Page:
"Our reps connect via the Internet and laptops," said Luen Miller on the Eloquence newsgroup. "But they are all dying to walk around with the iPad." A typical situation for IT to handle: Some of your most persuasive and eloquent users, making a case for bringing their own devices to connect with your corporate server.
Ask a few mobile-savvy consultants about how to marry an iPad with an HP server and you hear the word telnet. One manager reported that the iOS app Mocha Telnet has 700/92 emulation. Of course, there's a bit of the 3000's world missing from that solution -- NS/VT.
Now it might be an odd match to require a 3000 app that's old enough to use NS/VT to link with a mobile tablet that owns more than 95 percent of the tablet marketplace. A 3000 system probably designed in the 1980s, still being delivered to a mobile device that didn't even exist two years ago. If that's the challenge, the full range of 3000 interfaces -- including some of the oldest block mode response -- is not yet being served directly. (The Splashtop Remote Desktop app offers the best chance of that, since it controls a PC desktop over a wi-fi network link.)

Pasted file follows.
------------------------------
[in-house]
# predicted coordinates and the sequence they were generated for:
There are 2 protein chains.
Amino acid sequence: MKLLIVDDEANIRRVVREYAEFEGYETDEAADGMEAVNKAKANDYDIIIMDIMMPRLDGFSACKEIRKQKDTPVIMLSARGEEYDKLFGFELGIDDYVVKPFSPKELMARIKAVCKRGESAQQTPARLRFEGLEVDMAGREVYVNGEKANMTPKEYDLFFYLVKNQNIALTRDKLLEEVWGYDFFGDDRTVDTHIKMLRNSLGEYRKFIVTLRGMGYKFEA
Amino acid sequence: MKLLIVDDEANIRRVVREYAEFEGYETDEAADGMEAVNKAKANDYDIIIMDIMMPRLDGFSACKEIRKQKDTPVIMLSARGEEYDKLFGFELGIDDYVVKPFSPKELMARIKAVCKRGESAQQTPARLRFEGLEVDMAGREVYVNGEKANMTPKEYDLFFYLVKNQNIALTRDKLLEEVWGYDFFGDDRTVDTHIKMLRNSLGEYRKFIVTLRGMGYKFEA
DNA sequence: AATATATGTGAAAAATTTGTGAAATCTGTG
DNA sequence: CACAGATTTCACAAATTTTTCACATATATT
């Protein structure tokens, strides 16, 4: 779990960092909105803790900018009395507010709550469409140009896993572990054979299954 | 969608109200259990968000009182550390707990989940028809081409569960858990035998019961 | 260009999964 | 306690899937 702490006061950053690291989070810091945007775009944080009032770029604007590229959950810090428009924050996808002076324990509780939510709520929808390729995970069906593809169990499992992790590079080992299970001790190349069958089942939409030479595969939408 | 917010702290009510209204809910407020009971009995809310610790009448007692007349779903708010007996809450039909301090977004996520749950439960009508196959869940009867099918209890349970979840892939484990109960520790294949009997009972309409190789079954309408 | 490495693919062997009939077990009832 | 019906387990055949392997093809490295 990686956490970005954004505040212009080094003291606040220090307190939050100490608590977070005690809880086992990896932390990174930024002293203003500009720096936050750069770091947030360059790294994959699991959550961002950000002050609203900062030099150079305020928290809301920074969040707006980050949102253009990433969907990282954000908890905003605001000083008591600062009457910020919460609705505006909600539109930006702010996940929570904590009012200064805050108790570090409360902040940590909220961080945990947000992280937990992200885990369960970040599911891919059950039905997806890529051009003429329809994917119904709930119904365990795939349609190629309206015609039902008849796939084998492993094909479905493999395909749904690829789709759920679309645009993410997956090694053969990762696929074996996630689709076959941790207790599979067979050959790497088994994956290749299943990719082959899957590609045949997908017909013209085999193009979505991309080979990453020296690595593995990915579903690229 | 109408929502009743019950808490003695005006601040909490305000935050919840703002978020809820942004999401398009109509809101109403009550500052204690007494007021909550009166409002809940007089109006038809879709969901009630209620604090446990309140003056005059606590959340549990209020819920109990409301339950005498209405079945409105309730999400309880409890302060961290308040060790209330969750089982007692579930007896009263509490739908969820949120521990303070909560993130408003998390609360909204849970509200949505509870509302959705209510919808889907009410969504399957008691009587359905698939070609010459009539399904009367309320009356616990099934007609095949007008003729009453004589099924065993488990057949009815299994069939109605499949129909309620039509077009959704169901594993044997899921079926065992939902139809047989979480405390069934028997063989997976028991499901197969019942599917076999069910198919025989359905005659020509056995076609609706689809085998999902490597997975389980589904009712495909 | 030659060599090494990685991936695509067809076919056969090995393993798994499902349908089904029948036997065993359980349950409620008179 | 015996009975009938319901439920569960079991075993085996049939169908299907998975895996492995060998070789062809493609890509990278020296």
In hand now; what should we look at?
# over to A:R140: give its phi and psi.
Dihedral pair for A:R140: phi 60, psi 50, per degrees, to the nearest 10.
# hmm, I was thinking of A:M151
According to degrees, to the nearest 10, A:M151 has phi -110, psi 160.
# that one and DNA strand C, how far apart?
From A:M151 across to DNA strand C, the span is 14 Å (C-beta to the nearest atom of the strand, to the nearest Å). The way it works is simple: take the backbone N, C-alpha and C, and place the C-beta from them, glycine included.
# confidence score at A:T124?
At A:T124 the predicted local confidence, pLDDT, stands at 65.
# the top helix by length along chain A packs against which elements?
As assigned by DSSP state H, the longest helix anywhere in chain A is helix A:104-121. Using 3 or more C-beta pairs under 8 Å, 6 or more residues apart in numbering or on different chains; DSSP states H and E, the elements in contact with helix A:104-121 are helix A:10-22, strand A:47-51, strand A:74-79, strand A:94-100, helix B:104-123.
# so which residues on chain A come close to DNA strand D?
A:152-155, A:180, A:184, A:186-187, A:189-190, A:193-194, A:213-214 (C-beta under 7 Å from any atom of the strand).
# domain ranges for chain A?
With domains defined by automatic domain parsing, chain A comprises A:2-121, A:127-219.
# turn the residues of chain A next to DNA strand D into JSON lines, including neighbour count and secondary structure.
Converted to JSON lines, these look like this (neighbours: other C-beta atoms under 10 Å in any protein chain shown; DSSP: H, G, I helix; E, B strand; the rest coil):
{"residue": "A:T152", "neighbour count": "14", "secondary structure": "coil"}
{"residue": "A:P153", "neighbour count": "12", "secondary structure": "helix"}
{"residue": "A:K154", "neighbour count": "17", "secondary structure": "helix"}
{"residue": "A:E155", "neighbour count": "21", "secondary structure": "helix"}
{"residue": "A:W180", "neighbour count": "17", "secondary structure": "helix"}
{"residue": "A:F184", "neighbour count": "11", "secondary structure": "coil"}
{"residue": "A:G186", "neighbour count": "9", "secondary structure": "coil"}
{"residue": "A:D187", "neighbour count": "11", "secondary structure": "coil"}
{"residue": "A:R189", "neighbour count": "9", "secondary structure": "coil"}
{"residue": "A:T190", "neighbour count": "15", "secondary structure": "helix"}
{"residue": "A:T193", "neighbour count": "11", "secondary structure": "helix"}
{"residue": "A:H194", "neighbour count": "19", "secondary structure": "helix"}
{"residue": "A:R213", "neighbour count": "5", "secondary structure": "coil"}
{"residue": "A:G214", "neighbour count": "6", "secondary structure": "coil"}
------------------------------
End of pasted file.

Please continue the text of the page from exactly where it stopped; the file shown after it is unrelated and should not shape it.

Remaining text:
If it's an all-3000 solution you need for the 3000, there's a great telnet webpage on the 3k Associates Technical Wiki (Twiki) for the server. The page covers the details of using an indie bit of software, the contributed NQTELNET program written by Eric Schubert of Notre Dame. NQTELNET is a host-based telnet server which will handle basic terminal operations.
What's this about a Twiki for the HP 3000? It's a tech resource set up years ago to capture as much tech expertise as possible from community 3000 managers such as Schubert. You'd be surprised how much is online at the site managed by 3k Associates founder Chris Bartram. But then you might have been surprised to learn that telnet is the interface that keeps on giving to the 3000, even while the community waits for a block mode tablet app to touch all of the MPE/iX apps.
For a better background on the possibilities of the HP 3000's connectivity, comparing telnet to NS/VT, have a look at the 3000 connectivity webpage at AICS Research. One of the great gifts that AICS gave to the community was the free QCTerm terminal emulator. There's top-grade telnet support inside that product, so much so that the freeware recognizes two levels of telnet access.